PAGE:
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Cryptedge Consults #001 | GAAP and Impairment - Crypto as Indefinite-lived Intangible Assets

Updated: May 23, 2023

In recent years cryptocurrencies have become increasingly popular, and, as a result, accounting for them has become a hot topic. Most crypto assets are accounted for as indefinite-lived intangible assets in the absence of crypto-specific US GAAP guidelines.


In short, this means that they are recorded at their fair value on the acquisition date and are subsequently measured at fair value. In this article, we will discuss the accounting treatment of crypto assets as indefinite-lived intangible assets.


Firstly, it is important to note that there is no specific FASB codifications on crypto assets as of yet. Most crypto assets meet the definition of, and are therefore accounted for as, intangible assets. However, central bank digital currencies (CBDCs) and many stablecoins are not accounted for as crypto intangible assets.


The reason for this is because they are backed by a government or other entity and are not subject to the same volatility as other cryptocurrencies.

Crypto intangible assets like bitcoin and ether generally have an indefinite useful life and therefore are not amortized. Crypto intangible assets are impaired whenever their fair value falls below their carrying amount


Impairments of crypto intangible assets, once taken, cannot be reversed – even if the asset’s fair value recovers during the same reporting period that an impairment is taken. Sales of crypto assets are recognized when the sale is consummated, which is typically when the buyer takes control of the asset


It is important to note that the accounting treatment of crypto assets can be complex and requires careful consideration. Companies that are not broker-dealers or investment companies subject to ASC 940 or ASC 946 that have acquired crypto assets should carefully consider the accounting treatment of these assets


Failure to properly account for crypto assets can result in financial statement misstatements and potential regulatory scrutiny.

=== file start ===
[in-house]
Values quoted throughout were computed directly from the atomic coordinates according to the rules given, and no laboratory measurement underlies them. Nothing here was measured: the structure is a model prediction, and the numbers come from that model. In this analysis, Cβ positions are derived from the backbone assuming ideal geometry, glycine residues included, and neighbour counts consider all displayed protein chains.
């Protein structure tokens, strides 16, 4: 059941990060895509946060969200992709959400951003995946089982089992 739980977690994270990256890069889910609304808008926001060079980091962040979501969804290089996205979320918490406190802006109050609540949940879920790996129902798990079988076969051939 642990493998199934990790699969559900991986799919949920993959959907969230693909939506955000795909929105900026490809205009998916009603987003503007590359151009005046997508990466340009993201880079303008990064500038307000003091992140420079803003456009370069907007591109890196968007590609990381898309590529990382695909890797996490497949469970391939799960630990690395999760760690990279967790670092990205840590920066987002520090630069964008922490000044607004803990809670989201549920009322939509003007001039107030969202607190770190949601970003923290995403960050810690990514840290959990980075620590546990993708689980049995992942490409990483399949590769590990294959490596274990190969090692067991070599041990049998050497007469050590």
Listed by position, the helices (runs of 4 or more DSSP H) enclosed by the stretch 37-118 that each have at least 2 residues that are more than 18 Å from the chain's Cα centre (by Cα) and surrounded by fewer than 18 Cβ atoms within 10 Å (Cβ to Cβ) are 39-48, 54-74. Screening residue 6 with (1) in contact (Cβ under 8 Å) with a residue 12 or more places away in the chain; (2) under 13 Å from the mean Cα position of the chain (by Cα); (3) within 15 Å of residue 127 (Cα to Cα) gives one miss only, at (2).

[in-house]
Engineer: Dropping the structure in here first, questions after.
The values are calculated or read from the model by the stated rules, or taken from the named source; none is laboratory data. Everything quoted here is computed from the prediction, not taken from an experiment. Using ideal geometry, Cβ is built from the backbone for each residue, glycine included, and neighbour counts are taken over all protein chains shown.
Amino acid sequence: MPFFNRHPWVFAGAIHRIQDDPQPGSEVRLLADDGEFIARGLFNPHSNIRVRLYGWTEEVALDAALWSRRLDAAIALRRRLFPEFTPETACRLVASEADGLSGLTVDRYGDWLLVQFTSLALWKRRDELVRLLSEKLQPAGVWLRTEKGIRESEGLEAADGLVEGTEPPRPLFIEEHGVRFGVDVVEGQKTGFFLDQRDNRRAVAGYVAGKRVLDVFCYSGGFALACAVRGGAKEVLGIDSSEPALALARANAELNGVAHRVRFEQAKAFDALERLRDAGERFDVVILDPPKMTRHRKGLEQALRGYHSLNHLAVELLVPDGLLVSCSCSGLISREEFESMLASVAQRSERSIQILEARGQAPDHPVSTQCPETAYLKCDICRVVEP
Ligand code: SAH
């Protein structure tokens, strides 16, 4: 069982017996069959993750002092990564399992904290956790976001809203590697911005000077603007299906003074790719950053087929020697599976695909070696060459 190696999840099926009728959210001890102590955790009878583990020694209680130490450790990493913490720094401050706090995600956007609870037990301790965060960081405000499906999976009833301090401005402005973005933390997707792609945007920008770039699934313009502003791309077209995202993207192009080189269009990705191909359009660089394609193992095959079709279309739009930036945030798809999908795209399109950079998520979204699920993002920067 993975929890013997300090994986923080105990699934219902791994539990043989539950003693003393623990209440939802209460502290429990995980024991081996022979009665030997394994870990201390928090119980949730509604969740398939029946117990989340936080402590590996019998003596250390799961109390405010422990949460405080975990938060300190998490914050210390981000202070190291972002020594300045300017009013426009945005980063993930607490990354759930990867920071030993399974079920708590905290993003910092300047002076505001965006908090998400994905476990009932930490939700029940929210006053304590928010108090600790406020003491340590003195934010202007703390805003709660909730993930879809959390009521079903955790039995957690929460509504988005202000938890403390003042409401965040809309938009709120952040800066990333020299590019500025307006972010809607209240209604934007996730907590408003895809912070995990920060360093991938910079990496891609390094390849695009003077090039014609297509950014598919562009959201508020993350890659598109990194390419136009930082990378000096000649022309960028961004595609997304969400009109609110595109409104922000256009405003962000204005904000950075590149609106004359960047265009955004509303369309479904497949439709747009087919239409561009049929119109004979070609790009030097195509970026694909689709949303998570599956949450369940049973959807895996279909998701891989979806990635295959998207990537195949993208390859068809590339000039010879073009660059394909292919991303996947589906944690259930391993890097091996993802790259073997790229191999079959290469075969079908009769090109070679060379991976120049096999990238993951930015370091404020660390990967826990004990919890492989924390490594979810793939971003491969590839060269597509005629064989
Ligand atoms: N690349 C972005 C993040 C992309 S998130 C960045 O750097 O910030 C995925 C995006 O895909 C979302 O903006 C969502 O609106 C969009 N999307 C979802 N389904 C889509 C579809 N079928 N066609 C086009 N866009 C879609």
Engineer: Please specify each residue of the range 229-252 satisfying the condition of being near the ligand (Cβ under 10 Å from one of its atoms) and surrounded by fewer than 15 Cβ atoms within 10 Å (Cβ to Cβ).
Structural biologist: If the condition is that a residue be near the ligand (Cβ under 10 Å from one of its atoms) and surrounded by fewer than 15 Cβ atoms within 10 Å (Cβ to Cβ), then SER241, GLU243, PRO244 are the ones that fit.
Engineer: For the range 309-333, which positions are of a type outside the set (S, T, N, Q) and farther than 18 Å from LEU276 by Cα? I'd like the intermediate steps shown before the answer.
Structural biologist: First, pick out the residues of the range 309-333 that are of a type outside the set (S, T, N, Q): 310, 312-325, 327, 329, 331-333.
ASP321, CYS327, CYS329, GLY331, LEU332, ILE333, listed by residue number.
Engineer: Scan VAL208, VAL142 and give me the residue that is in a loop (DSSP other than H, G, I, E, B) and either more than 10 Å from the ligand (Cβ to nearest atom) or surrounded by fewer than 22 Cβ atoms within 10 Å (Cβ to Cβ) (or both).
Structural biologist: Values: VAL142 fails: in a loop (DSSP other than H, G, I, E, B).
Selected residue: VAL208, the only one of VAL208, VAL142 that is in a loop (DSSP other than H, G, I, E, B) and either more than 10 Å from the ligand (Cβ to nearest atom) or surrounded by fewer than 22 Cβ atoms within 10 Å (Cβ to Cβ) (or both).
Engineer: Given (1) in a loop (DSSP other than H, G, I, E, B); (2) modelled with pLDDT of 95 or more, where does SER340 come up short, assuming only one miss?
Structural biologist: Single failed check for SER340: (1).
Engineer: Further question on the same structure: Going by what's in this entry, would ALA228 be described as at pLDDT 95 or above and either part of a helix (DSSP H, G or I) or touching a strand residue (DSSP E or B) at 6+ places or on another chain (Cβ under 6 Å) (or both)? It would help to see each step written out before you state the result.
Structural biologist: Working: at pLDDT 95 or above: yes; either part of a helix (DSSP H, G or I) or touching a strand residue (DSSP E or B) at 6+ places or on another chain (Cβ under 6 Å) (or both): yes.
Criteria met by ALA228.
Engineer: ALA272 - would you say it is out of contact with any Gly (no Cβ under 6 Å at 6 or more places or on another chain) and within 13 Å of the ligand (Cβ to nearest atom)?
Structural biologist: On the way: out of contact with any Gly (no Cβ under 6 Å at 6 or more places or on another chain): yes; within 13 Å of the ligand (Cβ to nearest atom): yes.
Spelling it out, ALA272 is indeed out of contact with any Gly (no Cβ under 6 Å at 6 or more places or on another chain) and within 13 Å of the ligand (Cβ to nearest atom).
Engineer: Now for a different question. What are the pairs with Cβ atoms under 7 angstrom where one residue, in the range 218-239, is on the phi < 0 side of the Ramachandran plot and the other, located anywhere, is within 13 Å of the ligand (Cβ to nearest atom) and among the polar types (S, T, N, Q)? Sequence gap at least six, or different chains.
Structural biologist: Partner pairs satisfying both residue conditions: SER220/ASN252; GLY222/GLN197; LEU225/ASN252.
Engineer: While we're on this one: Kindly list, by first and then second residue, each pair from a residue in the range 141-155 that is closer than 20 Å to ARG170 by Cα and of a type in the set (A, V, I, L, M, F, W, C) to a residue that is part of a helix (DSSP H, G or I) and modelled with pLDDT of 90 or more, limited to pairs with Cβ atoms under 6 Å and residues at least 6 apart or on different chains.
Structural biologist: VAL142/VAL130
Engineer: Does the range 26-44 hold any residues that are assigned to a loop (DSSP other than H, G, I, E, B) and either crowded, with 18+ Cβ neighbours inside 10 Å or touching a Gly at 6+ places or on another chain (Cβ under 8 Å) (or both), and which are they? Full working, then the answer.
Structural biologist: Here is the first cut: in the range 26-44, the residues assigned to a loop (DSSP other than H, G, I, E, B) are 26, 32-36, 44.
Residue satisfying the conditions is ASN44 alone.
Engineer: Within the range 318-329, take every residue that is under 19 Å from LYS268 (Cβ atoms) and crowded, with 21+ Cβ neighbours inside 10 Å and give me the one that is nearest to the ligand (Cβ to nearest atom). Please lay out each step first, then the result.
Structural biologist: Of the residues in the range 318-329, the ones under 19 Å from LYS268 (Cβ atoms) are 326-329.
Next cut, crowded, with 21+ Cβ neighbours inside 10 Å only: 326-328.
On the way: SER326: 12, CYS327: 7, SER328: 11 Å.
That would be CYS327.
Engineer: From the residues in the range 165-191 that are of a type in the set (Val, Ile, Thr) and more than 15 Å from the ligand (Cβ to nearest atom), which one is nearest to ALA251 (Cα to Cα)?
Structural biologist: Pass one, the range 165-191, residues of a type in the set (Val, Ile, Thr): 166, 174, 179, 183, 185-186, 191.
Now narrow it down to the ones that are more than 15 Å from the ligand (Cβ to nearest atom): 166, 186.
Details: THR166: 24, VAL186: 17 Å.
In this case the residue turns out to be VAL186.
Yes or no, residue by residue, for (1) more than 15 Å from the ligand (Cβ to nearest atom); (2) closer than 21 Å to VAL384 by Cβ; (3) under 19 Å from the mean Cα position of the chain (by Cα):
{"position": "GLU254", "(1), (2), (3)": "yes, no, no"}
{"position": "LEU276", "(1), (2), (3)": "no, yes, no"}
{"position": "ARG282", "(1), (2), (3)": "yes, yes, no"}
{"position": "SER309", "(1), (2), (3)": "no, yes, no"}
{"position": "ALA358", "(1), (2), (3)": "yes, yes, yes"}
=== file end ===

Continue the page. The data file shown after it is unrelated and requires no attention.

In conclusion, accounting for crypto assets as indefinite-lived intangible assets requires careful consideration and adherence to US GAAP. Most crypto assets are accounted for as intangible assets, and impairments of these assets cannot be reversed (in IFRS this is not true, but that treatment is not covered here). Companies that have acquired crypto assets should carefully consider the accounting treatment of these assets to avoid financial statement misstatements and potential regulatory scrutiny.


References:

https://frv.kpmg.us/reference-library/2022/crypto-asset-executive-summary.html


Accounting, Balance Sheet, Income Statement, Cash Flow, Compliance, GAAP, IFRS, Finance, Advisory, Tax, Crypto, Decentralized Finance (DeFi), Decentralized exchanges (DEX), Cryptography, Blockchain, Consensus, Crypto mining, Gas, Staking, Proof-of-work (PoW), Proof-of-stake (PoS), Node, Bitcoin, Altcoin, Ethereum, Smart contract, Stablecoins, ATH (All-Time-High), ATL (All-Time-Low), Whitepaper, Liquidity pool, Token, Initial Coin Offerings (ICO), Non-Fungible Token (NFT), Metamask, Wallet, Wallet address, Airdrop
Accounting, Balance Sheet, Income Statement, Cash Flow, Compliance, GAAP, IFRS, Finance, Advisory, Tax, Crypto, Decentralized Finance (DeFi), Decentralized exchanges (DEX), Cryptography, Blockchain, Consensus, Crypto mining, Gas, Staking, Proof-of-work (PoW), Proof-of-stake (PoS), Node, Bitcoin, Altcoin, Ethereum, Smart contract, Stablecoins, ATH (All-Time-High), ATL (All-Time-Low), Whitepaper, Liquidity pool, Token, Initial Coin Offerings (ICO), Non-Fungible Token (NFT), Metamask, Wallet, Wallet address, Airdrop



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